What is a Home Energy Audit and Why Should I Get One Done?

Ranch style home -energy audit

Ranch style home -energy audit

A home is a complicated system that can hold a number of surprises. Whether it’s air leakages, backdrafts or poor insulation, every home is going to have something that can be fixed or improved upon. A home energy audit (also known as an energy audit, energy assessment or energy evaluation) is a process that a home occupant can take to assess a home’s energy efficiency and how to improve that efficiency and save money. And it isn’t just energy and money that can be saved. Following the recommendations of an energy audit can also improve the health and safety of a home.

Types of energy audits

An energy audit can be classified according to how they are done (either by a professional or DIY) and when they’re done (pre- or post-retrofit).

Professional energy audit – Hiring an energy professional will provide more detailed and accurate results than going the DIY route but will cost you some cash. In an energy audit done by a professional the whole home is thoroughly assessed by visual inspection and by using specialized tools to record the home’s energy efficiency. Some of the things the auditor will do is measure your insulation, record the efficiency of your heating and air conditioning and water fixtures. It generally takes a couple of hours to complete and you’ll receive a report that assesses your house’s efficiency, where utilities and money can be saved and what rebates you could qualify for (if applicable in your area). One typical concern of hiring a professional auditor is that they may be trying to sell you something. Avoid this by hiring an independent third-party energy auditor and one that’s not related to your energy provider.

DIY energy audit – If doing it yourself you likely won’t have all the nifty gadgets to assess your home to the same degree and you won’t have all the knowledge and experience that the professional auditor can impart to you. But it does make for a good first step that will point out some problems that you can remedy on your own like caulking windows and door frames.

Pre-retrofit audit – Since audits are often done in conjunction with applying for rebates, to qualify for a rebate a professional auditor has to establish how much energy a home was using before the retrofit. That is the primary purpose of a pre-retrofit audit, though the home will also be assessed for other factors, like health and safety.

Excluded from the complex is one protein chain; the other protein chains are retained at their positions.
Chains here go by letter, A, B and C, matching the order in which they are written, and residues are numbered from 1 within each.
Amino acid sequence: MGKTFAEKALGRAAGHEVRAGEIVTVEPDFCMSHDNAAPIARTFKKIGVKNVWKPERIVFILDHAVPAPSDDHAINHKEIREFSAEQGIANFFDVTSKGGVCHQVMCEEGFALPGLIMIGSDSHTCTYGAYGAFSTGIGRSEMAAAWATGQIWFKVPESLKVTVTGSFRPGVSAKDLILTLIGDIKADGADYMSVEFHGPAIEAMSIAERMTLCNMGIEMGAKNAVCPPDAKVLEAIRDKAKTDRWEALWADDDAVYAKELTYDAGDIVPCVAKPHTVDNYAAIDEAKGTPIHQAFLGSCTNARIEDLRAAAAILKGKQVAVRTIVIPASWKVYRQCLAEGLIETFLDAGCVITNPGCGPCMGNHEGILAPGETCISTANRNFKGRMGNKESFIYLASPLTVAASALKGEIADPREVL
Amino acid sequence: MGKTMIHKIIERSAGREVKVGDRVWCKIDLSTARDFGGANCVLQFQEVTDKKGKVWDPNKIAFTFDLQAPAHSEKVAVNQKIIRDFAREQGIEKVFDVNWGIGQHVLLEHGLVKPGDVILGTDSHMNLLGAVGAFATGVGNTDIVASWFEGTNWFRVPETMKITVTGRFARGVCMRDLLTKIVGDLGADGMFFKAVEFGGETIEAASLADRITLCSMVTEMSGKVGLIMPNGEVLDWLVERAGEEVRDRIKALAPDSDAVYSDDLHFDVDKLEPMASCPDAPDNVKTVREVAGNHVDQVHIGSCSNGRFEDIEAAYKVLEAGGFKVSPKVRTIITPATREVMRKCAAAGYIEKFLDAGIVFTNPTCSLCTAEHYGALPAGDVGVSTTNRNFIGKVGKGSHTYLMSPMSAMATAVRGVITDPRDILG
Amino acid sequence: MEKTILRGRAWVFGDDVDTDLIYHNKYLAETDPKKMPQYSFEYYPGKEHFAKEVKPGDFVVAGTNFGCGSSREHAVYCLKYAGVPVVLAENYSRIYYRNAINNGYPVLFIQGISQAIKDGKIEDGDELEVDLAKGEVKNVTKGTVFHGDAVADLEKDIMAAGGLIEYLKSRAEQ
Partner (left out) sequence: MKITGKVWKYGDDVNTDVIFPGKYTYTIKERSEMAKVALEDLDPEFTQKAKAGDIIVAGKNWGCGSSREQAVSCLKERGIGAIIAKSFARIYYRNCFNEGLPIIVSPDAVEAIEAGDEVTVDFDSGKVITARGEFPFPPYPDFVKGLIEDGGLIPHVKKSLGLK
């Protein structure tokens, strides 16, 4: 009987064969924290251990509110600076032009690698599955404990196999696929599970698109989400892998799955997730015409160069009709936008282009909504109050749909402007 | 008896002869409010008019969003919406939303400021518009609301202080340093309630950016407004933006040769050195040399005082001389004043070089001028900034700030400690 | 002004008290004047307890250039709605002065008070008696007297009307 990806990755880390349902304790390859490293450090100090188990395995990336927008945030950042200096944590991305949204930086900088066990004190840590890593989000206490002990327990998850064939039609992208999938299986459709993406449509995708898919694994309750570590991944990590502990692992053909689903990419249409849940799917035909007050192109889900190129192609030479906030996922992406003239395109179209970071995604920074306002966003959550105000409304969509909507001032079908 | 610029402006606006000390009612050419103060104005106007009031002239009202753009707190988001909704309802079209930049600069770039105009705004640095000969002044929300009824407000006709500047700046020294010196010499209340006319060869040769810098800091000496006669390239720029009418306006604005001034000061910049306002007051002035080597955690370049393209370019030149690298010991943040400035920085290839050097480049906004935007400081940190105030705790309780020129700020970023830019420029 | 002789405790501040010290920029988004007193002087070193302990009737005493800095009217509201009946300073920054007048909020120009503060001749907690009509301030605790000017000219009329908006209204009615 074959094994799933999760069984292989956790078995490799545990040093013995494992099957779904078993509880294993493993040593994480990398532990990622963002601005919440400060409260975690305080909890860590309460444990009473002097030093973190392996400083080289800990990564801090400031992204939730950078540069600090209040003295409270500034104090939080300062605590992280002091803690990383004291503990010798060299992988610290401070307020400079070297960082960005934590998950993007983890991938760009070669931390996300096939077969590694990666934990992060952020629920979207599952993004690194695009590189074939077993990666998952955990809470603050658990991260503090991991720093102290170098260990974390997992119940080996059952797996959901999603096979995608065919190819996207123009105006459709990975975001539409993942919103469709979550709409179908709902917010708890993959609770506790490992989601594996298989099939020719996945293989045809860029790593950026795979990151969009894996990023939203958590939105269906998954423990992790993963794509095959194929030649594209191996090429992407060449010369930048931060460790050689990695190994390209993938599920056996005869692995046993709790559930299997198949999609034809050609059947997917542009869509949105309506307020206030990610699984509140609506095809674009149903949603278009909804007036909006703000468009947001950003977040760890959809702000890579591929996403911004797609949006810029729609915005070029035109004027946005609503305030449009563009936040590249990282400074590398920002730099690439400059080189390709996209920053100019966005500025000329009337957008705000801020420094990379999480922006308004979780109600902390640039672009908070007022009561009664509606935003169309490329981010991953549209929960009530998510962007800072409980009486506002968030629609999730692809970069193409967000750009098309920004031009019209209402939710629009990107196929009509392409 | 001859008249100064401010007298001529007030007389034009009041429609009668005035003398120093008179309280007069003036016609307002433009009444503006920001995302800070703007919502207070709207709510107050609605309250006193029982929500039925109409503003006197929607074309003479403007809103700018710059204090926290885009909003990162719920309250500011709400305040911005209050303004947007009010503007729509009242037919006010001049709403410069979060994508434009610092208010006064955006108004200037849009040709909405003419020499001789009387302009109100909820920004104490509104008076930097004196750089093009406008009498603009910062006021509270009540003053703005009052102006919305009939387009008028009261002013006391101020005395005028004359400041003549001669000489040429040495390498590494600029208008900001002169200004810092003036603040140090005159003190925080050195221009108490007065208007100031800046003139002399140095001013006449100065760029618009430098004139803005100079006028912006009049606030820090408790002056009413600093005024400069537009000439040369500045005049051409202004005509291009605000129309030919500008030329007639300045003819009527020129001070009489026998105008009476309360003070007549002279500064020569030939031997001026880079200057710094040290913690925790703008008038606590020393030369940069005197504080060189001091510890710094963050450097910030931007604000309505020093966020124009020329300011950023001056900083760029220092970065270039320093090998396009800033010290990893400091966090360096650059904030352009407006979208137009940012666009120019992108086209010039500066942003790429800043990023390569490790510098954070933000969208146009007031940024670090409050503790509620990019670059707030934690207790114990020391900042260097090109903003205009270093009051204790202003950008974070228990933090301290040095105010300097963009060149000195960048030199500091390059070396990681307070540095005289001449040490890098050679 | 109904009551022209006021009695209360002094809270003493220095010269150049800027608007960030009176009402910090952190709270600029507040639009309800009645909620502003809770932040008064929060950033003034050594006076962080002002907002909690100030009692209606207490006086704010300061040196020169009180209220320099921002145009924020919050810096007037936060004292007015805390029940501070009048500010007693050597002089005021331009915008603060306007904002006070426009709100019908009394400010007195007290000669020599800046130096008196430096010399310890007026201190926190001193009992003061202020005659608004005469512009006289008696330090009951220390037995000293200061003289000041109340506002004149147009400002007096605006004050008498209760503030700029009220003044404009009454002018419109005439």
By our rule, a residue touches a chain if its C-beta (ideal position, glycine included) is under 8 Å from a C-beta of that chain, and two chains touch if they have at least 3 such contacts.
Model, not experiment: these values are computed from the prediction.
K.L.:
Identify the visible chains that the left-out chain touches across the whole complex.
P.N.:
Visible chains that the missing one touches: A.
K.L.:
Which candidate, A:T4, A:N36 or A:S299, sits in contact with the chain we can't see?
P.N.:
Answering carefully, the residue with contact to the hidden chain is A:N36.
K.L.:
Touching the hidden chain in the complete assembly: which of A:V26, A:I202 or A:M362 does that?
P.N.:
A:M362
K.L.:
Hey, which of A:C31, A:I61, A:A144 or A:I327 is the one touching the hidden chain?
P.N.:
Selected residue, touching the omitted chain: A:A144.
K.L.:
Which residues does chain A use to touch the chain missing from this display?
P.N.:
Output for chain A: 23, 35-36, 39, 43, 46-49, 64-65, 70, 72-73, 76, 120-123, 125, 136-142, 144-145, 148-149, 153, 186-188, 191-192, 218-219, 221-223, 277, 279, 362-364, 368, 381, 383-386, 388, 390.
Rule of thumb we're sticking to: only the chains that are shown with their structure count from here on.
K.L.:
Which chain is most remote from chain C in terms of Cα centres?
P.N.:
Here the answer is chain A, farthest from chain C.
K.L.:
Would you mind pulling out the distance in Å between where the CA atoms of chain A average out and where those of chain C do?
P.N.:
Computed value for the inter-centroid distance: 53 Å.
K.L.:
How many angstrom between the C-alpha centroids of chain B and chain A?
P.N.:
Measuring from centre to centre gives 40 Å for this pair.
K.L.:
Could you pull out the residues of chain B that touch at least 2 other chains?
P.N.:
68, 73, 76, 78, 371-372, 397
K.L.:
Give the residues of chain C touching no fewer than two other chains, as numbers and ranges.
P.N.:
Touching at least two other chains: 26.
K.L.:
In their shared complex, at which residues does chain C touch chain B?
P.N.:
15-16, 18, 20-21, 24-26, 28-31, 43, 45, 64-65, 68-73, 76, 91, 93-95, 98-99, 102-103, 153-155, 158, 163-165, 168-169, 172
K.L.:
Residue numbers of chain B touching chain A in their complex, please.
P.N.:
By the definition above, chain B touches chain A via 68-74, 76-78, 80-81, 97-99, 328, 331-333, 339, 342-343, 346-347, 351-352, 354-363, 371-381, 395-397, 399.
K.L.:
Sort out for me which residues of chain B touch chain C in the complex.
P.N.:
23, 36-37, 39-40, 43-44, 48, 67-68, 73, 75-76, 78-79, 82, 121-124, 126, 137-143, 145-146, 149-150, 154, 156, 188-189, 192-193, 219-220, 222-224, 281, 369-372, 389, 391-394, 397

Post-retrofit audit – This audit is performed after a retrofit has been done to ensure that the retrofits have actually saved the particular amount of energy the home needs to save in order to qualify for the rebate.

Why should I perform a home energy audit?

Save energy – The average home leaks enough air to add up to the equivalent of a two-foot square hole, which is like leaving a medium-sized window open 24 hours a day. While it may seem far-fetched that your cozy abode has that much air leakage, that factoid from the Department of Energy is no joke—which is why air sealing is such a big deal. Just by fixing air leakage and insulation you can save up to 30 percent on your energy bills, according to DCSEU. Though doing these two things together is the most cost effective way to save both energy, the energy audit will make other suggestions for saving energy, such as changing old appliances.

Save money – If you take the required steps that an energy audit suggests (i.e. air sealing the home, adding insulation and replacing old appliances) you can save on your utility bills. How much you save depends on what kind of upgrades you make to your home.

Reduce greenhouse gas emissions – In addition to saving money, another effect of saving energy is reducing greenhouse gas emissions (i.e. from using less natural gas for heating and less electricity for air conditioning).

Improve health and safety – In energy audits a home is inspected for health and safety. An example is inspecting the electrical system to ensure the wiring is done properly and will not lead to electrical fires. If you’re burning fuel in your home for heating it’s essential that the appliance has adequate air supply. During an energy audit the home can be tested for proper air supply to avoid this. An audit can also reveal unhealthy indoor air pollution and dangerous backdrafts from combustion appliances.

image: Foter.com (Creative Commons BY-SA)

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